May 26, 2014

We’re all called to be saints but I think Donna-Marie might be destined to become a Saint with a capital “S”. She enjoyed a decade-long friendship with Blessed Mother Teresa plus Fr. John Hardon, S.J. was her Spiritual Director and you know what they say, “birds of a feather flock together”! Donna-Marie deserves her own “halo” though, not through her association with such noble people, but because all the wonderful work she has done in God’s Vineyard. She’s also a paradox – delicate, soft- spoken, humble Christian wife and mother but a one-woman dynamo whom even the woman in Proverbs 11 would admire and I feel very blessed to call her my friend and sister in Christ.

~Gail Buckley, LHS

Founder & President, Catholic Scripture Study International

May 6, 2014

Donna-Marie Cooper O’Boyle is an inspiring writer, speaker, and media personality. Her mother’s heart shines through in all her work, by encouraging others and pointing them to Christ in practical ways. I have been deeply affected by Donna-Marie’s writings, and was privileged to hear her talk at the Catholic Leadership Conference. Wow, what a powerful presentation!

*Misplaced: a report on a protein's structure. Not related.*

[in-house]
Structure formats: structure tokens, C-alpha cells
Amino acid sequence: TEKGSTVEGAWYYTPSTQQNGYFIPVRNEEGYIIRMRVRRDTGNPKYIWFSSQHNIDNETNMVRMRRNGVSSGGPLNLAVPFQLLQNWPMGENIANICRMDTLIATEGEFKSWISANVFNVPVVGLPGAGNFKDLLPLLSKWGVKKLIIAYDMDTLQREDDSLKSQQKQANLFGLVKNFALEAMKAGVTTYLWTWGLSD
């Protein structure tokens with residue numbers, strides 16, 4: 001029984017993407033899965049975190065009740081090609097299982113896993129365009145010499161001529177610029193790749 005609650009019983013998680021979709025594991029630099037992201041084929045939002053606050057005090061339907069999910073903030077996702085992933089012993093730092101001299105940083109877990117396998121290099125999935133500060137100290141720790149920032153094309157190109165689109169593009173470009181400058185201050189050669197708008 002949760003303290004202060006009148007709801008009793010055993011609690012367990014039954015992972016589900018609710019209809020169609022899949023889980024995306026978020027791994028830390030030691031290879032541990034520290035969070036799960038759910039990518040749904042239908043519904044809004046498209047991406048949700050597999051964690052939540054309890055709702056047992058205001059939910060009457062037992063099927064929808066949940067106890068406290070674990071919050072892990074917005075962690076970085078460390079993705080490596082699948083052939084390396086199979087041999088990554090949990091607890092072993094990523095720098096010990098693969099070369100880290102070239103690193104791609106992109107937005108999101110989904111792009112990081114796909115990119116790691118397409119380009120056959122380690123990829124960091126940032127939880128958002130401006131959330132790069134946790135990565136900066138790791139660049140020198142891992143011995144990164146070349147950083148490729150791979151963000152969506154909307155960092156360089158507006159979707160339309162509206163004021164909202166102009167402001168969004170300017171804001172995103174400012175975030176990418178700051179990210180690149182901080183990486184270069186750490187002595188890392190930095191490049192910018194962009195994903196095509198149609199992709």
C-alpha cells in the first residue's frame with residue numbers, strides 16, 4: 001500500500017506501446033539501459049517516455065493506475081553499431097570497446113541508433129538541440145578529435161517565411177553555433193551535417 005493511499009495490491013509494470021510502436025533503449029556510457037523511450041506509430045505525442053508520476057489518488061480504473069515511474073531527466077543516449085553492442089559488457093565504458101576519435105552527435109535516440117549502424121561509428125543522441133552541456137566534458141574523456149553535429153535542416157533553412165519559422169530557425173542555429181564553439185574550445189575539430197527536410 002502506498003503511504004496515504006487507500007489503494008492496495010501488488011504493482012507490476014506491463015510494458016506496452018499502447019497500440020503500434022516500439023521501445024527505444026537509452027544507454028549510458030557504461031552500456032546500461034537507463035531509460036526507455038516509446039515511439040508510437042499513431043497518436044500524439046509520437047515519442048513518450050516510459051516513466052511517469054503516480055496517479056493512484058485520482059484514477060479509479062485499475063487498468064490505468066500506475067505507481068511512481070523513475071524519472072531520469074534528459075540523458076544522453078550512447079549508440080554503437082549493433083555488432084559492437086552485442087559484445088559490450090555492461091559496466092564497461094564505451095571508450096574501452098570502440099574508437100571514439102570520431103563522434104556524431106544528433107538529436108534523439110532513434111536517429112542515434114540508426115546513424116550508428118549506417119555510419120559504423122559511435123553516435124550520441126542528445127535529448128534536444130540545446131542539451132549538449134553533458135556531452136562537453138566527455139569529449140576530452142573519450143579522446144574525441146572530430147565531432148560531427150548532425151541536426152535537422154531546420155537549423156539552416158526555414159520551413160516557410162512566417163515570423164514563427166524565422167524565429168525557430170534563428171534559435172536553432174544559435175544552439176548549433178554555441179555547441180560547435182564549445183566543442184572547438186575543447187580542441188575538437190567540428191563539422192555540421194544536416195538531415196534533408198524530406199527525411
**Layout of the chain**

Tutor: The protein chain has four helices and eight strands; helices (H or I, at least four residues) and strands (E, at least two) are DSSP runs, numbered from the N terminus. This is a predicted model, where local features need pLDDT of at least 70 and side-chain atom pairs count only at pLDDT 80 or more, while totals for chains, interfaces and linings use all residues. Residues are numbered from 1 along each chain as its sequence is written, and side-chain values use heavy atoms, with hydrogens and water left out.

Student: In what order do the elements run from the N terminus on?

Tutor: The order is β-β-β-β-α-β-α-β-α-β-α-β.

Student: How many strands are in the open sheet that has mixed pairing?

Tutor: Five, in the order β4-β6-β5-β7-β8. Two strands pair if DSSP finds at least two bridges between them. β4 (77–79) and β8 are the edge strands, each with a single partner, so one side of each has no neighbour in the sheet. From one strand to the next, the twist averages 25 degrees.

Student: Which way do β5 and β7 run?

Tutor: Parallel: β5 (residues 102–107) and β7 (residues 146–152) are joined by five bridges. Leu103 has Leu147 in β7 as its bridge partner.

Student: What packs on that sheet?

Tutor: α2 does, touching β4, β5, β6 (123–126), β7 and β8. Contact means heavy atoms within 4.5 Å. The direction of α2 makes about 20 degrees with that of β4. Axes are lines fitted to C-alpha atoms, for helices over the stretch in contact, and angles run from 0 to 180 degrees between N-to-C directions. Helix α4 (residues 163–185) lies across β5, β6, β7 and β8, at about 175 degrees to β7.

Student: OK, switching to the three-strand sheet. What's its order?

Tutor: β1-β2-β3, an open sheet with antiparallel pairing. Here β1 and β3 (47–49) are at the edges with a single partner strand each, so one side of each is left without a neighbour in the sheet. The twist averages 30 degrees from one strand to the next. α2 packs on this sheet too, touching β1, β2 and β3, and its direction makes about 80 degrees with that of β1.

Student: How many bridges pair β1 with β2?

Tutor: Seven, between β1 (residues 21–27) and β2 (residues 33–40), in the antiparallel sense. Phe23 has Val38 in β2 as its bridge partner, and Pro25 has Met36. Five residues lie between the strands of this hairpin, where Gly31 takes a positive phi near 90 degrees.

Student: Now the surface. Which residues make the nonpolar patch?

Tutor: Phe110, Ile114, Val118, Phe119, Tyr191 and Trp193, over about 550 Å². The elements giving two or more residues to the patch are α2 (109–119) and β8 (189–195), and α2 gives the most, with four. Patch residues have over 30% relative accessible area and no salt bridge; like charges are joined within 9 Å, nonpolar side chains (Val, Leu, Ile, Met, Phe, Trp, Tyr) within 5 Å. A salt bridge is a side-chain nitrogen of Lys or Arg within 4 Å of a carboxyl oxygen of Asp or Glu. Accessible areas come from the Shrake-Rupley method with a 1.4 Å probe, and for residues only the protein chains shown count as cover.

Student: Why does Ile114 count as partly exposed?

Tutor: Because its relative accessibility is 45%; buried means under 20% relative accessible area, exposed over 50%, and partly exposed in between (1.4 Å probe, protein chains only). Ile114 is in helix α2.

~Kevin Lowry serves as Chief Operating Officer for The Coming Home Network International, and is on the board of Our Sunday Visitor and the Columbus chapter of Legatus. Kevin is the author of Faith at Work: Finding Purpose Beyond the Paycheck, and is a frequent speaker for Catholic groups. Kevin and his wife Kathi live in Columbus Ohio and have eight children.

June 18, 2013

Hello Donna-Marie!

My name is Corey Grace and I recently met you in Kansas.:) My husband, Ryan, and I were able to come to listen to your talk at Prince of Peace church in Olathe. I just wanted to thank-you for coming and for sharing your wisdom and love of our Lord. My husband and I both left feeling inspired, closer to God and to each other. I am a stay-at-home mom of 5 children. Noah-9, Ava-7, Hannah-5, Eleanor-3, and Henry-1. Some days I forget what I gift I have been given by being chosen to be their mother. You helped me remember that. Thank-you.